A Clawshank Redemption?: And under the general heading of trying to recover previously paid out amounts, one issue that has gained a great deal of attention is whether the trustee in the Madoff liquidation proceeding can recover ("clawback") amounts paid out to fund investors who cashed out before the scandal was revealed. The Securities Docket has a post on the topic (here), discussing efforts that some of the investors who redeemed their shares to change the claims bar date in the Madoff liquidation proceeding out of concern for anticipated clawback efforts. .


In a February 2009 memorandum entitled "How Long and Strong is Trustee Piccard’s Claw?" (here), the Seyfarth Shaw law firm takes a detailed look at the trustees’ powers, and reviews the similar clawback efforts undertake in the Bayou funds scandal.


The memo concludes that the trustee’s ability to clawback redemption payments is "not unbridled" and that there are "powerful defenses that can and will be advanced, including the good faith defense that protected many redeeming investors in the Bayou case." The memo also notes that "additional defenses also are likely to be developed as the facts surrounding what Madoff did come into sharper focus."


Meanwhile, in Europe:  According to press reports (here), European investor rights group Deminor has initiated a legal proceeding in a Luxembourg court in order to compel two Luxembourg units of UBS to provide informatoin and materials relating to the entities’ role in steering clients to Madoff-related investmens.


The action, which Deminor initiated on February 11, 2009, is filed against UBS S.A. and UBS Fund Services, as well as against the Luxalpha SICAV Fund, Luxembourg Third Party Management Company SA and Access Management Luxembourg SA.


According to the news reports, the action seeks information regarding contracts between the UBS units, Madoff, and Luxalpha, an investment fund that UBS allegedly promoted. Regulators closed Luxalpha last week for not complying with regulatory requirements. The action also seeks to obtain audit reports of the fund, prepared by Ernst & Young.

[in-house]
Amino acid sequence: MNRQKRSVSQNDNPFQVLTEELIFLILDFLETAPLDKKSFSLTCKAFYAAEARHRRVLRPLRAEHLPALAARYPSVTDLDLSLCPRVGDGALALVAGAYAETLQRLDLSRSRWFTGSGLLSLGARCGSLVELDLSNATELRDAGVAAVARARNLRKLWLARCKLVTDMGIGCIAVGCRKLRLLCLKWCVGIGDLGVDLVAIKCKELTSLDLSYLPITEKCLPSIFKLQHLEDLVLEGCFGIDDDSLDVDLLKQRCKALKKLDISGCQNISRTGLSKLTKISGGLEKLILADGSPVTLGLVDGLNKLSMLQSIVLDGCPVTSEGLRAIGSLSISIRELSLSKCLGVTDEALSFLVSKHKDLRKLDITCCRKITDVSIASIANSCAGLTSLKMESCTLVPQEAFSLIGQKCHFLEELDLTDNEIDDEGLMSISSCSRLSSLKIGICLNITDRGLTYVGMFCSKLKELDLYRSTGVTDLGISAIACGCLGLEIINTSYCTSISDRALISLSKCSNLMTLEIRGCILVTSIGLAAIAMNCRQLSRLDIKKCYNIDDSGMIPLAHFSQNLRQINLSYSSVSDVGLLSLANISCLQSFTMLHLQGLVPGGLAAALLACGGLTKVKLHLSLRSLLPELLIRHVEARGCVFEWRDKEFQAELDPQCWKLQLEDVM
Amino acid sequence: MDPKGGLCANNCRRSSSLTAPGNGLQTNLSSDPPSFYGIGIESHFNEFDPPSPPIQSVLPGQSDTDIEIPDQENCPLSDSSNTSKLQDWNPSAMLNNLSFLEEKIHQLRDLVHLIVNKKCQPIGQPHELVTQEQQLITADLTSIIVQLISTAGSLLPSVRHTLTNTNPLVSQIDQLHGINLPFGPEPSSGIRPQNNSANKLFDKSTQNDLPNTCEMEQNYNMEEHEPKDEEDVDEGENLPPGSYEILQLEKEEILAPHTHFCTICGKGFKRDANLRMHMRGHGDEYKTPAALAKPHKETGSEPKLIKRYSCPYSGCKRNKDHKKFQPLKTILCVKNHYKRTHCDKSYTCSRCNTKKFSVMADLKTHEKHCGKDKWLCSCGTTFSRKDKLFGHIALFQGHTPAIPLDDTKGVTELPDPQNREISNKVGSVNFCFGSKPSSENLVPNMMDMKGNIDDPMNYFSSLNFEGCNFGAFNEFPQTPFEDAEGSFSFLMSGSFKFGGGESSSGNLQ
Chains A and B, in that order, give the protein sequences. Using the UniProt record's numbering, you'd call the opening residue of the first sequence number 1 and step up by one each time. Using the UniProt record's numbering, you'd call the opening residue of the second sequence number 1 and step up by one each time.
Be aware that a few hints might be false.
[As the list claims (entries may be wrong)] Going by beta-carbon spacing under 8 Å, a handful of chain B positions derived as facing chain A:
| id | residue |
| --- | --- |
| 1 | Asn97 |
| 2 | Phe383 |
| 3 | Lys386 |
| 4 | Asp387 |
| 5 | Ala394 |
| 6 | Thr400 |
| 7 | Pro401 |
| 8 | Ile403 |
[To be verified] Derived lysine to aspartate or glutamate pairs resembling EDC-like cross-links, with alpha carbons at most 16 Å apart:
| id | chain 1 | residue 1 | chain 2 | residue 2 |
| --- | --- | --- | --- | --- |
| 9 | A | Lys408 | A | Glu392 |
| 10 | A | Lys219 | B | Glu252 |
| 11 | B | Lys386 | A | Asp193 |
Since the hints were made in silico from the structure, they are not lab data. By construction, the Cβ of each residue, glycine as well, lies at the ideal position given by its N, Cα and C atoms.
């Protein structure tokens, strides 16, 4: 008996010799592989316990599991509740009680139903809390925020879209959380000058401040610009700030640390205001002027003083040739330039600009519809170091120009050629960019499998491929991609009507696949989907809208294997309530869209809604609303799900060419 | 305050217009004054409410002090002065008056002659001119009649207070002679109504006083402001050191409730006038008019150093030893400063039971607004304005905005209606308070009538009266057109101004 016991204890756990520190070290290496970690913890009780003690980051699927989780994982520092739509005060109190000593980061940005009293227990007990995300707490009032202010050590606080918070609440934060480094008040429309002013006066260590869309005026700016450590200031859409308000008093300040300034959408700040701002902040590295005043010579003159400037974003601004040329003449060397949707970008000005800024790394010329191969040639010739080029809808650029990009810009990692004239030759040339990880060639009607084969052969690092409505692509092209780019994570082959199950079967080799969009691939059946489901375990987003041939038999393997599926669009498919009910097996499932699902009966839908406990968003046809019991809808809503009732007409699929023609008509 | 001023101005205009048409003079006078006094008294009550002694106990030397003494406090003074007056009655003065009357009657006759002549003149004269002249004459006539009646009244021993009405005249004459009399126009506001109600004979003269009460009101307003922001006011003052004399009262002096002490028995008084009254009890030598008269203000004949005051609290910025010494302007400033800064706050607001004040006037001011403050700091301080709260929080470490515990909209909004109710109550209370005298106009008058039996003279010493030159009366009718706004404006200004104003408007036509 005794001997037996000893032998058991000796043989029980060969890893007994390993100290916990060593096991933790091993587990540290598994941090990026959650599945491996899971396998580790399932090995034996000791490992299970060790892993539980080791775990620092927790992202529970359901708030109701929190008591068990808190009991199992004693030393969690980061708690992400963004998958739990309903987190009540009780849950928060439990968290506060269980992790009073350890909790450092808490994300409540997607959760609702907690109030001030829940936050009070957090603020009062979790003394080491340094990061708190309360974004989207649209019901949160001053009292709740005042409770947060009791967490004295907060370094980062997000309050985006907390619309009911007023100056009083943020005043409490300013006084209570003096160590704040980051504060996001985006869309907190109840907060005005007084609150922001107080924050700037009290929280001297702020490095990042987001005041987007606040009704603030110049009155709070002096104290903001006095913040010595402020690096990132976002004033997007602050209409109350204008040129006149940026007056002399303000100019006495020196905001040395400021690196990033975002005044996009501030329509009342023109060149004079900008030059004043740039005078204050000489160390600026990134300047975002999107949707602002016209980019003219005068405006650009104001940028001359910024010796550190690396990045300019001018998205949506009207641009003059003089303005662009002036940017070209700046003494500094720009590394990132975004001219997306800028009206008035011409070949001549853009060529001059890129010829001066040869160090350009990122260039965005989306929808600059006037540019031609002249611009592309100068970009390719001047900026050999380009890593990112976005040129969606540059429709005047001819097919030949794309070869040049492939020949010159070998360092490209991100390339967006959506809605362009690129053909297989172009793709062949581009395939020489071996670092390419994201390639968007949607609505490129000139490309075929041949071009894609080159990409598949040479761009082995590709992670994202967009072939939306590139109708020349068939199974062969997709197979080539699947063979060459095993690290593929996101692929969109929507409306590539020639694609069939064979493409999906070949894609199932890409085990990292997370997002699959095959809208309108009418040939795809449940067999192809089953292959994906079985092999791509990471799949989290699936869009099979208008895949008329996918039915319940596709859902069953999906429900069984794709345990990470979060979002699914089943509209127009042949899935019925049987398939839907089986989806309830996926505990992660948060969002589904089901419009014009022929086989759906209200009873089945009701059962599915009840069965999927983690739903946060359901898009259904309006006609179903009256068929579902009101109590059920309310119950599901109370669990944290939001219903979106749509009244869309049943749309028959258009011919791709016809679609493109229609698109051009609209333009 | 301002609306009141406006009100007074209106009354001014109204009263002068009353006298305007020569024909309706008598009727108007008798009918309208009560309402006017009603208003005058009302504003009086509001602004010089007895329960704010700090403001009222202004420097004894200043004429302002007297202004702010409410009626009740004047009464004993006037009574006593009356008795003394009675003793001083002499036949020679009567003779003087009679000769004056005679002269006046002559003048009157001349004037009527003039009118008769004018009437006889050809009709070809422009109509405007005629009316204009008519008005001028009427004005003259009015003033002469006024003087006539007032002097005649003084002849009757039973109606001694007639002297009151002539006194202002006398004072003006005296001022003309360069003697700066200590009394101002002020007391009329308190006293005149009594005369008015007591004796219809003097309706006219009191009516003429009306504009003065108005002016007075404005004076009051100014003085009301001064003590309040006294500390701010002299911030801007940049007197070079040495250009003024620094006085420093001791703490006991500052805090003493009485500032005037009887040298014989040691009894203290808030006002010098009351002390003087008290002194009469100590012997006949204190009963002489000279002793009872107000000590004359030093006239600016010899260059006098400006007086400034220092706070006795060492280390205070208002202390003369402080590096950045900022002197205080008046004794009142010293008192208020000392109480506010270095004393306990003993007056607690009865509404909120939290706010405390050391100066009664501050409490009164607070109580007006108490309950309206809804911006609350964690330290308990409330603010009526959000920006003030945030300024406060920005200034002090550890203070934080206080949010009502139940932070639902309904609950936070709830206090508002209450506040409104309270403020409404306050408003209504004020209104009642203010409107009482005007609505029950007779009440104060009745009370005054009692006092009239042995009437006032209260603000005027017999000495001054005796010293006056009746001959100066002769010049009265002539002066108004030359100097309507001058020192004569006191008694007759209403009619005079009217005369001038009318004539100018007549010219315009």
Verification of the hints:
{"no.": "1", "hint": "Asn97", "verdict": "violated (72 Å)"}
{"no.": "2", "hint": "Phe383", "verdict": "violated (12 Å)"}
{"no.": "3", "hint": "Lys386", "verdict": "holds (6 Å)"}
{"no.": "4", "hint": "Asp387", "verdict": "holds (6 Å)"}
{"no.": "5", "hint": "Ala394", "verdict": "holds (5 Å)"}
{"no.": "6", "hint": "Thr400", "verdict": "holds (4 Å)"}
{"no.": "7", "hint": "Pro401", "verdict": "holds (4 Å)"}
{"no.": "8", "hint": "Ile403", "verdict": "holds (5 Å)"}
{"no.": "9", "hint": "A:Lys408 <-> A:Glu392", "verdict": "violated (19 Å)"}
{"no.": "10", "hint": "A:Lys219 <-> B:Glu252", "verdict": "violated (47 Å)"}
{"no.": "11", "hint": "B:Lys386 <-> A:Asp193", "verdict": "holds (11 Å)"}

Deminor claims that it represents individual and institutional investors that had lost over $1.3 billion as a result of the Madoff scheme.


I would be very grateful to any reader who might be able to provide me with a copy of the new Luxembourg complaint.


Gender Issues: A February 11, 2009 Washington Post article entitled "In Banking Crisis, Guys Get the Blame" (here) raises the question whether the current global economic crisis is a result of the fact that the financial industry and its regulators are "overwhelmingly male-dominated."


The article quotes one commentator as saying that "you can argue that the men have made a right mess of it, and now the ladies should have a go." Another commentator observes that "maybe if we had some more women in the boardrooms, we may not have seen as much risk-taking behavior."


Finally, one commentator with an odd notion of human anatomy, commenting on London’s top financial sector officials, observed that "there are quite a lot of alpha males with testosterone steaming out their ears."


At least when it comes to relying on women to clean things up, Iceland "is leading the way," having appointed a female prime minister as well as two women to lead two of its major banks. The prime minister’s spokesperson is quoted as saying "Men, especially young men, made a mess of things. There is a strong discussion that women would have taken a more cautious approach in the financial sector."


And Finally: I have added a Twitter button in the right hand column. Readers interested in receiving Twitter updates (or "tweets" as they are known) between blog posts will want to click on the Twitter button and register to become a "follower" of my Twitter site. I also add "tweets" when I have added new blog posts. I have come to appreciate that there are many web denizens who prefer to receive their information as "tweets", so that is why this blog now has a Twitter button.


The New York Times has a nice February 11, 2009 article (here) with a good overview of what Twitter is all about.